Why base training is so important in cycling
If you’ve ever signed up for a charity ride, fondo, or other endurance event and wondered how you’d fit in all the training, you no doubt rejoiced upon learning about the benefits of high-intensity interval training. Big fitness! More speed! In half the time!
Whoa. Slow down. Because if you don’t keep your training mellow—at least some of the time—your progress will sputter to a halt. Therein lies the imperative for base training, the process of gradually developing a platform for your fitness.
“Base training is the foundation upon which everything else rests,” says Danny Suter, USA Cycling Level 2 coach and founder of the Boulder Performance Network. When you build endurance, eventually you can get more out of higher-intensity riding and a heavier training load. “Riders who go straight into speed work can get fast on the bike,” says Hunter Allen, coauthor of Training and Racing with a Power Meter. “But they won’t have aerobic endurance, so their fitness lasts just a few weeks before they slow down.”
When you ride for two or more hours (or less for new riders) at a steady pace—a typical base ride—your body responds with changes that allow you to use more oxygen and burn more fat as fuel, says coach Joe Friel, author of The Cyclist’s Training Bible. For starters, these rides build more capillaries, the tiny blood vessels that deliver oxygen-rich blood to your muscles. Your mitochondria—the parts of your cells that produce energy—also multiply and enlarge. And you churn out more enzymes that help turn stored fuel into energy. The result: You can ride faster and longer.
Finally, and maybe more important, base-building rides tend to be the most social and fun, so you can just enjoy being on your bike, hanging out with friends, and recharging your batteries without worrying about going hard or being dropped. “Too many riders are in a hurry to get right to the high-intensity work,” says Friel. “They usually burn out by May.”
Strong base building starts with solid rest. “Everyone needs a break from hard efforts and structured riding so they can repair and recharge,” says Suter. Take a few weeks after a period of intense riding or your most recent goal event to rest, cross-train, and just catch up on life. “Back off enough to recover, but not so much that you completely lose fitness,” says Suter. Building a solid base also requires that you work on other key fundamentals, like general strength and technique, which are essential for long rides. Here are some guidelines.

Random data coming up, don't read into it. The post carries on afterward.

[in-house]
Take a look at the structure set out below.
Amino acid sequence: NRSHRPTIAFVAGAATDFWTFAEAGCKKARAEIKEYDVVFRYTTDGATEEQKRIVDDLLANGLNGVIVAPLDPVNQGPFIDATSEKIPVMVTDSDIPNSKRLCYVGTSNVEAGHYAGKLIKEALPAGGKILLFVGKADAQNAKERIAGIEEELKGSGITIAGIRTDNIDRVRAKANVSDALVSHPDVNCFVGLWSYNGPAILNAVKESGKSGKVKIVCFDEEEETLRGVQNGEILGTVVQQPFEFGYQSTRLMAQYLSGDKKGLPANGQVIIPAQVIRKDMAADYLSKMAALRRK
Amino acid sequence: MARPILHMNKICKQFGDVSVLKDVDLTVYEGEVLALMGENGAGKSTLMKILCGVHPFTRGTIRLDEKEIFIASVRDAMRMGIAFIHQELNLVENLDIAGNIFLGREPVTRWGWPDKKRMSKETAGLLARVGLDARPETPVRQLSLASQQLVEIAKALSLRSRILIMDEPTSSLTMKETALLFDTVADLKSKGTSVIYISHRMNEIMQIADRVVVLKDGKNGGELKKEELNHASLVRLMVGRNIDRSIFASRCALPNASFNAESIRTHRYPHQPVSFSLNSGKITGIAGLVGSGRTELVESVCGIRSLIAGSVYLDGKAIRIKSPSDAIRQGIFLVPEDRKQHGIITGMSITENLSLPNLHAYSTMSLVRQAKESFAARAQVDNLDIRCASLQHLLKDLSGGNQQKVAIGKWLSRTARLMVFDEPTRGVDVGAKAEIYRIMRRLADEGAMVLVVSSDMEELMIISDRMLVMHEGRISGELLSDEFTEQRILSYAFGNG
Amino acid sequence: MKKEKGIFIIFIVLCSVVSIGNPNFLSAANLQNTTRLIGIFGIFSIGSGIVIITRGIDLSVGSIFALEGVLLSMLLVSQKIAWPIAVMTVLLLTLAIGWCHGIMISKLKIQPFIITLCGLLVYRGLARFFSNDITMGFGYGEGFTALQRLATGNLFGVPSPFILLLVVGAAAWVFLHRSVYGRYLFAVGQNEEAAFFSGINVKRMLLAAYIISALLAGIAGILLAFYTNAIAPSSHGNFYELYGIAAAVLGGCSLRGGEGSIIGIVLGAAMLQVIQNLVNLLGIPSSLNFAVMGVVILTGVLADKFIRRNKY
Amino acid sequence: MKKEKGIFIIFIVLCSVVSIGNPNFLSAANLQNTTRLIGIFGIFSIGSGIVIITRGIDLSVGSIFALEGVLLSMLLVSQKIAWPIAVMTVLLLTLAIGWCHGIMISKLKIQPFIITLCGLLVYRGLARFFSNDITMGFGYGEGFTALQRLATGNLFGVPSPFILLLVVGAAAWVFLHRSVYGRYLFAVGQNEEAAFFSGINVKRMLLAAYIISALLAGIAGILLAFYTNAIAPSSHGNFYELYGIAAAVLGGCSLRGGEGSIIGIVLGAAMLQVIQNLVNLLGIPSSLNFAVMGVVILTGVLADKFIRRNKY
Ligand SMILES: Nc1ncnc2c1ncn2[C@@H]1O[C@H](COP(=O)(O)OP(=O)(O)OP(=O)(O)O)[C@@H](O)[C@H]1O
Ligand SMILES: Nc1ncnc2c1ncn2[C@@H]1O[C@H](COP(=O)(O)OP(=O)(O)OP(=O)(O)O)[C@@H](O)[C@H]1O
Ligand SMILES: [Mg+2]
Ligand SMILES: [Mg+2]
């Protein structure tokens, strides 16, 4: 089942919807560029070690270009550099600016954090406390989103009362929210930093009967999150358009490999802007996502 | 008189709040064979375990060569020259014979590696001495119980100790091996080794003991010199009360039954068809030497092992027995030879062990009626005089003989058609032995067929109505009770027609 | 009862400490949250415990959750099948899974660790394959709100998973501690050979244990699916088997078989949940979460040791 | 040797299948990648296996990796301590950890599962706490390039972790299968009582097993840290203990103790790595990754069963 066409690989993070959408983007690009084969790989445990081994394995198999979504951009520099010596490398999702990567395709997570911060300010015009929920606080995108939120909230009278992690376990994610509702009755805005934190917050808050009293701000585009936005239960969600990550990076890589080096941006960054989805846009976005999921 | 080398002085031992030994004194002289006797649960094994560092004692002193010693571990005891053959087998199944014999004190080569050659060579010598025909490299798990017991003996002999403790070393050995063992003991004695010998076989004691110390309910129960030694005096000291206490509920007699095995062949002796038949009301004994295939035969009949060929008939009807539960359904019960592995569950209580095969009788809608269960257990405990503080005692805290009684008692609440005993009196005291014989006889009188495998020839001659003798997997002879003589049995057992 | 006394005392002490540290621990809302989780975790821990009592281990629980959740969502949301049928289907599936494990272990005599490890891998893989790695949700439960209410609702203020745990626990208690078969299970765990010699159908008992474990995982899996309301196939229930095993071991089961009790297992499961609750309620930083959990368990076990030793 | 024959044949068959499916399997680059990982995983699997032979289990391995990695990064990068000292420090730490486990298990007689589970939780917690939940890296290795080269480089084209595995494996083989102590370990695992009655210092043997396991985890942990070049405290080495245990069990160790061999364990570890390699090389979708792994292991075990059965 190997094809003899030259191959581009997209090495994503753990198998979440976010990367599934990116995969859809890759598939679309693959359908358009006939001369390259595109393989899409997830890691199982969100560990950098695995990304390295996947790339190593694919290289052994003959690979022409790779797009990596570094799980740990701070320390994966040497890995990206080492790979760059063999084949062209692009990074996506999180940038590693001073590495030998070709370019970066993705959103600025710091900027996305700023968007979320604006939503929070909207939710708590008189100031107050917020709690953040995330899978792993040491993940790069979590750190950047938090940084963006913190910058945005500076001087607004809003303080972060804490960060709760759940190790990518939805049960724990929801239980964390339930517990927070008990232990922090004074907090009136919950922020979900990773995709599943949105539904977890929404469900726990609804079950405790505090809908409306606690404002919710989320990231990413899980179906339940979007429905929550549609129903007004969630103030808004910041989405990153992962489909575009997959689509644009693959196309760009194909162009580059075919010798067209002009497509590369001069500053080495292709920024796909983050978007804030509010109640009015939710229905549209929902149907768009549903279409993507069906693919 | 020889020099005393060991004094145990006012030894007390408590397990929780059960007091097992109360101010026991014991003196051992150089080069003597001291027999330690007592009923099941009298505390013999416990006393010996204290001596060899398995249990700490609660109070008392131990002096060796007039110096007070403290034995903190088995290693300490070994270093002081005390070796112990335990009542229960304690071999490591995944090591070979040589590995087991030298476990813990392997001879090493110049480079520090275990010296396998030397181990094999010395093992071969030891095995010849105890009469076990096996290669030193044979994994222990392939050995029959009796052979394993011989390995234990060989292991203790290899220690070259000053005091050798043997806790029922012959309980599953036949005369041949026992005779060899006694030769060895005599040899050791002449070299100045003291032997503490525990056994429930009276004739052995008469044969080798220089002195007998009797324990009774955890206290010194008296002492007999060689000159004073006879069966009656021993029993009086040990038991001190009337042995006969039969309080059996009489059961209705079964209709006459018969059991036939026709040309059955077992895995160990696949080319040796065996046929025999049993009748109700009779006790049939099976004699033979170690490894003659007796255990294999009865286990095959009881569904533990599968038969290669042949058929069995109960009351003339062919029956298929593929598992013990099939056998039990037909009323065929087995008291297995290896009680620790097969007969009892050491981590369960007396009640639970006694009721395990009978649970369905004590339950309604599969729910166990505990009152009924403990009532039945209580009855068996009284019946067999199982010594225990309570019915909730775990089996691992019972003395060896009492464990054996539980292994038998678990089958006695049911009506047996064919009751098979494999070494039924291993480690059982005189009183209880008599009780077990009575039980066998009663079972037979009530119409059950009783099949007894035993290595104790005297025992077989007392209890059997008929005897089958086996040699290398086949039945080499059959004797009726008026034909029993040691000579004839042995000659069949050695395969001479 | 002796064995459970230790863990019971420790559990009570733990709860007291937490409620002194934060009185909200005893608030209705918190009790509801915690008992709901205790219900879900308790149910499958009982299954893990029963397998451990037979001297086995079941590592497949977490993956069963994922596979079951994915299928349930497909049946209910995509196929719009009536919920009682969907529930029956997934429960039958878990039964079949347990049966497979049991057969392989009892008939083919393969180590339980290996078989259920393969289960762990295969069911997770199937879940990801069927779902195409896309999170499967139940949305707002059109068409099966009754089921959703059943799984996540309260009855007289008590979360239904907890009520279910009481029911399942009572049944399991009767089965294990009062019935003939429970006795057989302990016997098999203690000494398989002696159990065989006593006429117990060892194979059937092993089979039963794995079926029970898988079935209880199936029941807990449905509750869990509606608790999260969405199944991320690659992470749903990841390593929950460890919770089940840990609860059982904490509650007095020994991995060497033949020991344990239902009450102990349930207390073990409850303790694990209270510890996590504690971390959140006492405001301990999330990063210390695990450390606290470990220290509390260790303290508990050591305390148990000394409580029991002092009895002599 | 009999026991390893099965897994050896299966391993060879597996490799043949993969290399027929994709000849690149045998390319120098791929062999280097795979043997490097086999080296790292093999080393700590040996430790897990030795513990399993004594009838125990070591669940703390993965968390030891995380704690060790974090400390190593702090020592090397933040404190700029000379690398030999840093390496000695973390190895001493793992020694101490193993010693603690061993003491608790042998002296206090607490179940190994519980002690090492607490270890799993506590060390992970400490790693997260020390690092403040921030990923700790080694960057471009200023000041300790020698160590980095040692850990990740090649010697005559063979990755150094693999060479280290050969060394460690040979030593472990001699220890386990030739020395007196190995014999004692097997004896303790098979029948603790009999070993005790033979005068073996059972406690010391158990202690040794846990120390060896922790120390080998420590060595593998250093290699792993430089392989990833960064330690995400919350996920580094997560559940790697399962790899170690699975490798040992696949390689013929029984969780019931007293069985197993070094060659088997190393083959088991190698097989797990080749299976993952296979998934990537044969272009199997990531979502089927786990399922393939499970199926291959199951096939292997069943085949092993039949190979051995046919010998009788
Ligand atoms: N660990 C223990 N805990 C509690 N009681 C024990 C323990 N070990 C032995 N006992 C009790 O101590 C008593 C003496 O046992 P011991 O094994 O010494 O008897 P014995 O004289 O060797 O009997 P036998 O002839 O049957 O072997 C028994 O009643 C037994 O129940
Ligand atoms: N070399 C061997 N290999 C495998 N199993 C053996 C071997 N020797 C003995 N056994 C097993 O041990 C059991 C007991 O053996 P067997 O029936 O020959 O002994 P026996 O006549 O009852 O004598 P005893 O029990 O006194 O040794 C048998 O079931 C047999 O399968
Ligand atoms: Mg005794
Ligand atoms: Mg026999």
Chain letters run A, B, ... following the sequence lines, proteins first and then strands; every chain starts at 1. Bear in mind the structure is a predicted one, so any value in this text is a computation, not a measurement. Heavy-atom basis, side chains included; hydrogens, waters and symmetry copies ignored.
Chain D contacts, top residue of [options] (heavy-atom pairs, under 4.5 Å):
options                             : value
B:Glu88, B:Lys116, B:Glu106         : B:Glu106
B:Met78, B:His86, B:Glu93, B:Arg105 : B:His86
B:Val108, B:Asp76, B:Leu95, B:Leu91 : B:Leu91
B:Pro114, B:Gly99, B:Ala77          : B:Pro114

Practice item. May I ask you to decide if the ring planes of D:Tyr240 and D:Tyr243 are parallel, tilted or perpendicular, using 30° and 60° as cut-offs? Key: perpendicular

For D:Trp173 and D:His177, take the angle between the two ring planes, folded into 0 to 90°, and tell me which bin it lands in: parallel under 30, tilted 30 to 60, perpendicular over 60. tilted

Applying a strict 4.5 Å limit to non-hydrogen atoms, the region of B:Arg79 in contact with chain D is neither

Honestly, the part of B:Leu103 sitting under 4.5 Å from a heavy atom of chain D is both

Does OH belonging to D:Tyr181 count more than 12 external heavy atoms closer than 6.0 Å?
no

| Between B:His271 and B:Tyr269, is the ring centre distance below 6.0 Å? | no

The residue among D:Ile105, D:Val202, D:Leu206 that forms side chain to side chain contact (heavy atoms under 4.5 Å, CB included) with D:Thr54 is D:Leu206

Keep it steady
You’ve likely heard of long, slow distance rides, or LSD. Don’t be misled by the word slow. We’re not talking about a walk-on-the-pedals recovery ride. In fact, you should spend the majority of an LSD ride at what coaches call Level 2 intensity, or roughly 65 to 75 percent of your maximum heart rate or perceived effort. The key is to keep your intensity steady—avoid coasting and hard efforts, says Suter. A few weeks of this builds a big aerobic engine, Friel says. If the weather’s bad, you can ride for an hour or so on the trainer. Important note: “Long” is relative. Depending on how much you ride, it can mean anything from 90 minutes (or an hour on an indoor trainer) to multiple hours. About 40 percent of your weekly training time should be at Level 2 during base building.
Be stroke savvy
“Work on your pedaling to develop a consistent force all the way around,” says Friel. One surprising way: Hit the trails. “Mountain biking creates a smooth pedal stroke because you need to keep your force even so as not to skid on loose terrain,” he says. Otherwise, spend two or three rides a week aiming for a cadence of about 95 revolutions per minute.
Riding a bike for significant lengths of time requires strength and power. Designate one or two rides a week for seated, lower-cadence hill climbing. “Staying in the saddle on all climbs builds hip and knee strength and improves power,” Friel says. If you’re over 40, female, or a skinny, small rider, you may need to build more lower-body muscle mass. Supplement with moves that simulate pedaling action, like squats, leg presses, and step-ups, says Friel.
Give it time
There’s no magic number for how long a base-building period should last. A good ballpark is six to 12 weeks. If you have a heart-rate monitor and power meter, you can measure when you’ve built up Fyour base. Monitor your “efficiency factor,” a measure of the output (watts) you produce for the input (heart rate), says Friel. To find yours, divide your power number for a given ride by your average heart rate. The absolute figure doesn’t matter; you want to see an upward trend. “When it stabilizes, you’re ready for the next training phase,” he says. If you prefer to keep your rides unplugged, you can use intuition to estimate when you’ve built a solid base. On rides in similar and not extreme conditions, your speed should improve at the effort you use for your LSD outings, and those rides should feel easier. When you feel like you’re not making progress (that is, you’ve plateaued), you likely have built your base.
Many people believe that base training must be done at low intensities to work properly, and that hard efforts will undermine it and send you back to square one. While high-intensity interval training won’t build, it can improve some markers, like V02 max. The takeaway? An occasional spirited effort won’t erase your base, but be sure to build it gradually so you don’t peak too early.
This sample training week incorporates all the fundamental elements mentioned above. Use it for four to six weeks (or until you feel you’ve hit a plateau), increasing your long rides by about 15 minutes each week, before embarking on an event- or race-specific training plan